Giving an IM injection into the deltoid site
  • Find the knobbly top of the arm (acromion process)
  • The top border of an inverted triangle is two finger widths down from the acromion process
  • Stretch the skin and then bunch up the muscle
  • Insert the needle at a right angle to the skin in the centre of the inverted triangle

Caution: This is a small site – give only 1-2ml or less of fluid in this site

It is important to limit volume of medication based upon size of muscle, ie. 0.5-2ml.

The ventrogluteal site
The Ventrogluteal site provides the greatest thickness of gluteal muscle (consisting of both the gluteus medius and gluteus minimus), is free of penetrating nerves and blood vessels, and has a narrower layer of fat of consistent thinness than is present in the dorsogluteal.10

The ventrogluteal site has come to attract significant attention in the nursing literature and there is wide agreement that this site is the preferable site for intramuscular injection.2 There is a dearth of research in this area in Ireland as to the extent to which the ventrogluteal site is used.

Giving an IM injection into the ventrogluteal site
  • Find the trochanter. It is the knobbly top portion of the long bone in the upper leg (femur). It is about the size of a golf ball

  • Find the anterior iliac crest

  • Place the palm of your hand over the trochanter. Point the first or index finger toward the anterior iliac crest. Spread the second or middle finger toward the back, making a ‘V’. The thumb should always be pointed toward the front of the leg. Always use the index finger and middle finger to make the ‘V’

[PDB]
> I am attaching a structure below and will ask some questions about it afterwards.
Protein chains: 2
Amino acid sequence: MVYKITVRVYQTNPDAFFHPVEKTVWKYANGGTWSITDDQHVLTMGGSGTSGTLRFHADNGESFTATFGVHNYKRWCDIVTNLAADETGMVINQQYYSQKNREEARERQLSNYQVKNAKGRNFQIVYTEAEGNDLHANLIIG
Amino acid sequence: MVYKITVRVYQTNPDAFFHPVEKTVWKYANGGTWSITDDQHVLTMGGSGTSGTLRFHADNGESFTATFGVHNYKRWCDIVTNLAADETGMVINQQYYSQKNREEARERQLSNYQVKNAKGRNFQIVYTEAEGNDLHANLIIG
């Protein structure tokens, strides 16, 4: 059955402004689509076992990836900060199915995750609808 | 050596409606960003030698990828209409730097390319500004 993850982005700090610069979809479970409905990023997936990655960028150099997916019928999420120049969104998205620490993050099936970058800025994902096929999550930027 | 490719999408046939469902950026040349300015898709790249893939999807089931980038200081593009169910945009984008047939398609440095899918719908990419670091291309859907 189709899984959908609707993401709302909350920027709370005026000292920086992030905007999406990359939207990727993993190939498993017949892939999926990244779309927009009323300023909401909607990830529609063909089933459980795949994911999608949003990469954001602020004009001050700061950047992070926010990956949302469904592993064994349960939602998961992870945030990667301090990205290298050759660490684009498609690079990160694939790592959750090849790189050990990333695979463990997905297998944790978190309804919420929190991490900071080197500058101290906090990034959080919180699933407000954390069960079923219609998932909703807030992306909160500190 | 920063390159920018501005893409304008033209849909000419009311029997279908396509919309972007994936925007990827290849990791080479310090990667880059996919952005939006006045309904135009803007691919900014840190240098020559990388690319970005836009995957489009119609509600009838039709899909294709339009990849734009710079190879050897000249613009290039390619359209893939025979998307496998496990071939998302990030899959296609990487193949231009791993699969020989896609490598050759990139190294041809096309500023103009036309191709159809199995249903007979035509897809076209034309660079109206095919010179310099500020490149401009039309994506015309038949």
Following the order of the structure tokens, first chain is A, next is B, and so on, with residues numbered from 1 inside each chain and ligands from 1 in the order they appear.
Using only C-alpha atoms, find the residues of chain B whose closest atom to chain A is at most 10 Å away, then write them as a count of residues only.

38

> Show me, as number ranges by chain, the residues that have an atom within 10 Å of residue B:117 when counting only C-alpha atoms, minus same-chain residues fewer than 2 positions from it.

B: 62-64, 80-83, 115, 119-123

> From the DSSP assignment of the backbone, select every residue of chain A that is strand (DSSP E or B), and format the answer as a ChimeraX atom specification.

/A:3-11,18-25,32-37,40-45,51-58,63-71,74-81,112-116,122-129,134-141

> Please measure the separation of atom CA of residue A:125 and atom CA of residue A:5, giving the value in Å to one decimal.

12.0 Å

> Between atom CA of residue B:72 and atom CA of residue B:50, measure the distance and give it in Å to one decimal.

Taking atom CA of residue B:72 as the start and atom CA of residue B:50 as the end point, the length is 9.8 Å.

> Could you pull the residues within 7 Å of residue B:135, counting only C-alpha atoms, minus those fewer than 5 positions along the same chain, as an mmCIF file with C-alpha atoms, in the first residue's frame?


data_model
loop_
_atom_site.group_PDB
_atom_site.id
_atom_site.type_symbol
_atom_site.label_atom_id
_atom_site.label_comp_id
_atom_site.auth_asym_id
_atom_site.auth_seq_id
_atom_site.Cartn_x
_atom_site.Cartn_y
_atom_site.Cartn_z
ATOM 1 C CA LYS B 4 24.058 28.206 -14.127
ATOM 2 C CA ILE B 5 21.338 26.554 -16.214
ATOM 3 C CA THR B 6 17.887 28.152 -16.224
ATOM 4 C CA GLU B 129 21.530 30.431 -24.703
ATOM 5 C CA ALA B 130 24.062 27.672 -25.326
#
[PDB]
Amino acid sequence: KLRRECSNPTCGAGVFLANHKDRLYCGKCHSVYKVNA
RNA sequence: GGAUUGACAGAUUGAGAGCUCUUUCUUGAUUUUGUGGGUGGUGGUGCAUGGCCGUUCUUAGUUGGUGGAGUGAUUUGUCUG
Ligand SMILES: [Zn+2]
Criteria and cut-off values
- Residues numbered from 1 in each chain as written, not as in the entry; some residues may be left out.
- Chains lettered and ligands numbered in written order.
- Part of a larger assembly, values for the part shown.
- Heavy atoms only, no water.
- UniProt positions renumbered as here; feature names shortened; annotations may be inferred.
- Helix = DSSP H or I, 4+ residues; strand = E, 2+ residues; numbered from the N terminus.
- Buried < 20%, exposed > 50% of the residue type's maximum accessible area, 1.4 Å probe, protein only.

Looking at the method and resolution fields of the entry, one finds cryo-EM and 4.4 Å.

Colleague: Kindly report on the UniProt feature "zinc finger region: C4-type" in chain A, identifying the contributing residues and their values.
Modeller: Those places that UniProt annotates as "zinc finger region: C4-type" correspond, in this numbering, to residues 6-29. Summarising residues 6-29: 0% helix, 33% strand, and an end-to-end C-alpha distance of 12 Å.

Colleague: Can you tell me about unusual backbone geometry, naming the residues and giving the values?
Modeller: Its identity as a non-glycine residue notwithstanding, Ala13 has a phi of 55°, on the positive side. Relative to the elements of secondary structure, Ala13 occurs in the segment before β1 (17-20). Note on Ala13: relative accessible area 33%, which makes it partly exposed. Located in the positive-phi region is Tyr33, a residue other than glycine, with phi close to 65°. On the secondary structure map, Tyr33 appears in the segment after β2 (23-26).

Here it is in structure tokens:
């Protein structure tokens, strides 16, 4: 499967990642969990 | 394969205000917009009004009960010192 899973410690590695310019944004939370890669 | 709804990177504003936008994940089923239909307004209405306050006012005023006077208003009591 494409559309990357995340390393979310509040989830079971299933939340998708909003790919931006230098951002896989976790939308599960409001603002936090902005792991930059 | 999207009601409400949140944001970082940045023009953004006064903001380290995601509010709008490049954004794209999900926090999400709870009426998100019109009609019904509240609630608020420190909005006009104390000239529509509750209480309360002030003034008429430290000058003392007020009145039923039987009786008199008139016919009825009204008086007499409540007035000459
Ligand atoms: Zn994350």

• Give the injection between the knuckles on your index and middle fingers

  • Stretch the skin tight

  • Hold the syringe like a pencil or dart. Insert the needle at a right angle to the skin (90°)

  • Up to 3ml of fluid may be given in this site7

Administrating an IM injection
There is a large research base for nursing practice to be guided by in relation to the administration of intramuscular injections and it is the responsibility of nurse educators to ensure that appropriately informed guidelines are devised.4

Tracking technique: An intramuscular injection is
designed to deposit medications deep into muscle tissue

It has been suggested4 that the following points should be incorporated into clinical guidelines:

These measures should ensure optimal nursing care for patients.

Angela Cocoman is mental health lecturer at DCU and John Murray is a community mental health nurse for Water ford Mental Health Services (HSE South Eastern Area)


  1. Greenway K. Using the ventral gluteal site for intramuscular injection. Nursing Standard 2004; 18 (29): 39-42
  2. Small SP. Preventing sciatic nerve injury from intramuscular injection: literature review: J Advanced Nursing 2004; 47(3): 287-296
  3. MacGabhan L. A comparison of two depot injection techniques. Nursing Standard 1996; 11(52): 33-37
  4. McGarvey MA. Intramuscular injections: a review of nursing practice for adults. All Ireland J Nursing & Midwifery 2001; 1(5): 185-193
  5. Newton M, Newtown DW, Fudin J. Reviewing the big three injection routes. Nursing 1992; 22: 34-42
  6. Berger KJ, Williams MS. Fundamentals of Nursing: Collaborating for Optimal Health. Appletone Large: Connecticut, 1992
  7. Bolander VR. Sorenson & Luckmann’s Basic Nursing, A Psychophysiological Approach (3rd ed.) Saunders: Philadelphia, 1994
  8. Kozier et al. Techniques in Clinical Nursing (4th ed). Sage: California, 1993
  9. Mallett J, Bailey C. The Royal Marsden NHS Trust Manual of Clinical Procedures (5th ed.) Blackwell Science: London, 1996
  10. Zelman S. Notes on the techniques of intramuscular injection. Am J Med Sc 1961; 241: 47-58
  11. Rodger MA, King L. Drawing up and administering intramuscular injections: a review of literature. J Advanced Nursing 2000; 31(3): 574-582

 Clinical Practice - IM injections: How’s your technique?